New York City Department of Transportation (NYC DOT) confirmed today what many had feared: flooding damage from Hurricane Sandy has indeed delayed New York's beleaguered Citi Bike bike share system. As AN noted last month, electrical components of the Citibike docking stations were damaged while in storage in the Brooklyn Navy Yard along the East River. The initial rollout, now scheduled for May 2013, will include at least 5,500 bikes and 293 stations in Manhattan and Brooklyn, later expanding to 7,000 bikes by the end of 2013. The final goal is to have 10,000 bikes and 600 stations across the city. The bike share system was originally set to launch in July 2012, later pushed to August 2012, and then to March 2013 as vendor Alta Bike Share sorts out computer software problems. Hurricane Sandy pushed that launch date back again to May 2013. According to a statement put out by NYC DOT, the $41 million in private money secured to fund the bike share system has not been impacted by the delays. About two thirds of the bike share system had been in storage at the Brooklyn Navy Yard, some of which will require new electrical components and refurbishing. “DOT has worked around the clock to restore vital transportation links following the storm and that includes putting Citi Bike on the road to recovery,” DOT Commissioner Janette Sadik-Khan said in a statement. “Despite the damage, New York will have the nation’s largest bike share system up and running this spring.” Many other cities across the country are also in the process of launching ambitious bike share systems of their own, including Los Angeles with 4,000 bikes, Chicago with 3,000 bikes, San Francisco with 500 bikes, and Columbus with 300 bikes. Bike advocacy group Transportation Alternatives is keeping a positive outlook. "New Yorkers are eager for this new transportation choice but we all know the damage Hurricane Sandy wrought on our city," TA Executive Director Paul Steely White said in a statement. "We're thankful the storm spared so much of the equipment and grateful to see the program will still launch in the spring." Meanwhile, be sure to check out OpenPlans' amazing CiBi.Me bike share trip planner where you can check out all the planned bike stations and plan your most efficient trip across the city by Citi Bike.
Mayor Michael Bloomberg announced this morning on his morning radio show that New York City's forthcoming CitiBike bike-share program—already mired with delays caused by software problems—would be further delayed until at least next spring, confirming rumors that the system's bugs weren't being worked out quickly enough. On his radio show, the mayor delivered the bad news, "The software doesn't work, duh." He maintained that, "we are not going to put out the system until it works." The highly anticipated program is set to become the largest is North America when it opens and was a signature piece of the mayor's bike infrastructure plan for the city. Software problems have been a reoccurring problem for recent systems operated by Portland, Oregon-based Alta Bicycle Share. Earlier this month, officials announced that Chicago's bike share system, expected to be second only to New York's in North America, was delayed until 2013 and a recently-launched 300-bike system in Chattanooga, TN has also been experiencing computer glitches. New York's system was originally to be rolled out in July, but, for now, the bike-share stations remain in storage at the Brooklyn Navy Yard where they were assembled. Following the mayor's comments, the NYC Department of Transportation released a timeline outlining the updated schedule for the system, calling for 7,000 of the 10,000 bikes and 420 stations to hit selected streets in Manhattan and western Brooklyn by March of 2013.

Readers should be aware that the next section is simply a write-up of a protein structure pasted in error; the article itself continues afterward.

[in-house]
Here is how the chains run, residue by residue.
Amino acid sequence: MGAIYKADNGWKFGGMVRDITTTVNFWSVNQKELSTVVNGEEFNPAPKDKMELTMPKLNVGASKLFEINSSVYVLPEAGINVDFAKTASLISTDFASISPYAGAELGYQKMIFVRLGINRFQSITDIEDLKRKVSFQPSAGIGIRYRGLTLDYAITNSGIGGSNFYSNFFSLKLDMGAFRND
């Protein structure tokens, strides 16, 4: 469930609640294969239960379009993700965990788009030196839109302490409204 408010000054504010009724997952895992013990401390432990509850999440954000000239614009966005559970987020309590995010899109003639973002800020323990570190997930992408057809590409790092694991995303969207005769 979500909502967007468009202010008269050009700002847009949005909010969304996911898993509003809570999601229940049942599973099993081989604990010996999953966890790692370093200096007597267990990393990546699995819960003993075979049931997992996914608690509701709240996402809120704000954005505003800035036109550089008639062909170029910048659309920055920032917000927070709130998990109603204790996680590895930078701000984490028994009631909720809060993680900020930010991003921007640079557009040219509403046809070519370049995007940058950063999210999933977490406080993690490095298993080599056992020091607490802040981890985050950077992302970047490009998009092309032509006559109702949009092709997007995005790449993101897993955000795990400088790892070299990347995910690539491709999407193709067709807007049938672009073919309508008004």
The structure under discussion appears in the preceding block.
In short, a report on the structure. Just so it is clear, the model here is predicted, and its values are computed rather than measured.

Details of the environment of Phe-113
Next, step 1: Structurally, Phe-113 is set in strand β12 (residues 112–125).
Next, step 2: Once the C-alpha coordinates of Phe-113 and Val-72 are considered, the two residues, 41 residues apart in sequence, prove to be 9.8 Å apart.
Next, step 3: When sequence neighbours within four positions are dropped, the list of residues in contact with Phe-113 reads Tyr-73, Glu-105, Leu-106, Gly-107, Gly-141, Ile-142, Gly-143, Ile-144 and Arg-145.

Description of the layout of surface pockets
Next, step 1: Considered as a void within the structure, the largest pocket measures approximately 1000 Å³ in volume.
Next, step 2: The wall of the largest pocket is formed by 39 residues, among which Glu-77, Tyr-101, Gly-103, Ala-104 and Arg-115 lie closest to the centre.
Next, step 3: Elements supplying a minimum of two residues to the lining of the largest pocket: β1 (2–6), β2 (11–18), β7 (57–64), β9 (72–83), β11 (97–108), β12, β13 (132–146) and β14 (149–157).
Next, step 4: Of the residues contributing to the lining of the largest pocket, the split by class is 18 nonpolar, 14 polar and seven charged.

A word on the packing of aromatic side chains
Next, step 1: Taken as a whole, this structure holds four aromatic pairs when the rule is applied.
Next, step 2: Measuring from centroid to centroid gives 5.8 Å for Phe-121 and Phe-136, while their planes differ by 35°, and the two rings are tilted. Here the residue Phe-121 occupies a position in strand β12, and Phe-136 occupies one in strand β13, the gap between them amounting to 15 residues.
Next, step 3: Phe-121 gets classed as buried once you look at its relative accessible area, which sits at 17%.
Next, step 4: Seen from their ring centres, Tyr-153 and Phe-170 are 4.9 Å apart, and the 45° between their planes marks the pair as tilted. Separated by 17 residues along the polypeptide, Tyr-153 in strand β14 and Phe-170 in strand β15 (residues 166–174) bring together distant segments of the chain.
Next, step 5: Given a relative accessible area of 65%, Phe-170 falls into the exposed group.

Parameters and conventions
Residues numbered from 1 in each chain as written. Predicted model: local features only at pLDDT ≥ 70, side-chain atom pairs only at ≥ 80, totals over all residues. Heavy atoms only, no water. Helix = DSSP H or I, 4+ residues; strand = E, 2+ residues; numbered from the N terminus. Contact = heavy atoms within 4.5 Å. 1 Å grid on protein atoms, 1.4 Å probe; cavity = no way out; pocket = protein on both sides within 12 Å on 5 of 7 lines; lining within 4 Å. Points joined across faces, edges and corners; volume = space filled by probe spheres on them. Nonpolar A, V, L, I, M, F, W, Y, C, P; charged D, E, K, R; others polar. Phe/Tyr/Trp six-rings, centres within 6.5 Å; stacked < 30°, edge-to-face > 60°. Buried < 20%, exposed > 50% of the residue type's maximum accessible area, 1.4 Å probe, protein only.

To hell with what Pennsylvania groundhog Punxsutawney Phil says about there being six more weeks of winter; if you want a true harbinger of spring, head over the Center for Architecture for a last chance to check out the “Two Wheel Transit” show mounted by the DEP for their bike share program that going to be launched in the spring. The show teases out some of the details of the plan that will add rentable public bikes to the New York City's transit options. The exhibit closes this Saturday, but if you don’t make it over in time, you can go to one of the community bike share workshops that begin on Monday. The first meeting will be held at 25 Carmine Street. The workshops will give New Yorkers a chance to comment on where to put the 600 bike stations. Some of the concerns about the stations crowding already crowded sidewalks, was addressed by DOT Commissioner Janette Sadik-Khan at the show’s opening. She said the department will be looking at placing them atop subway grating, in privately owned pubic spaces, and near major subway hubs. A crowd sourcing program on the department’s website has already received over 7000 suggestions—including one fan from Portland Oregon who wants a station placed there. The commissioner said that the DOT is also developing an app that will allow bike share users to find a station nearest them, as well as the number of bikes that may or may not be available. With 70 percent of New Yorkers approving the plan, the app will come in handy as certain stations may be prove too popular to keep bikes on hand. “It’s the right fit, for the right city, at the right time,” said Sadik-Khan.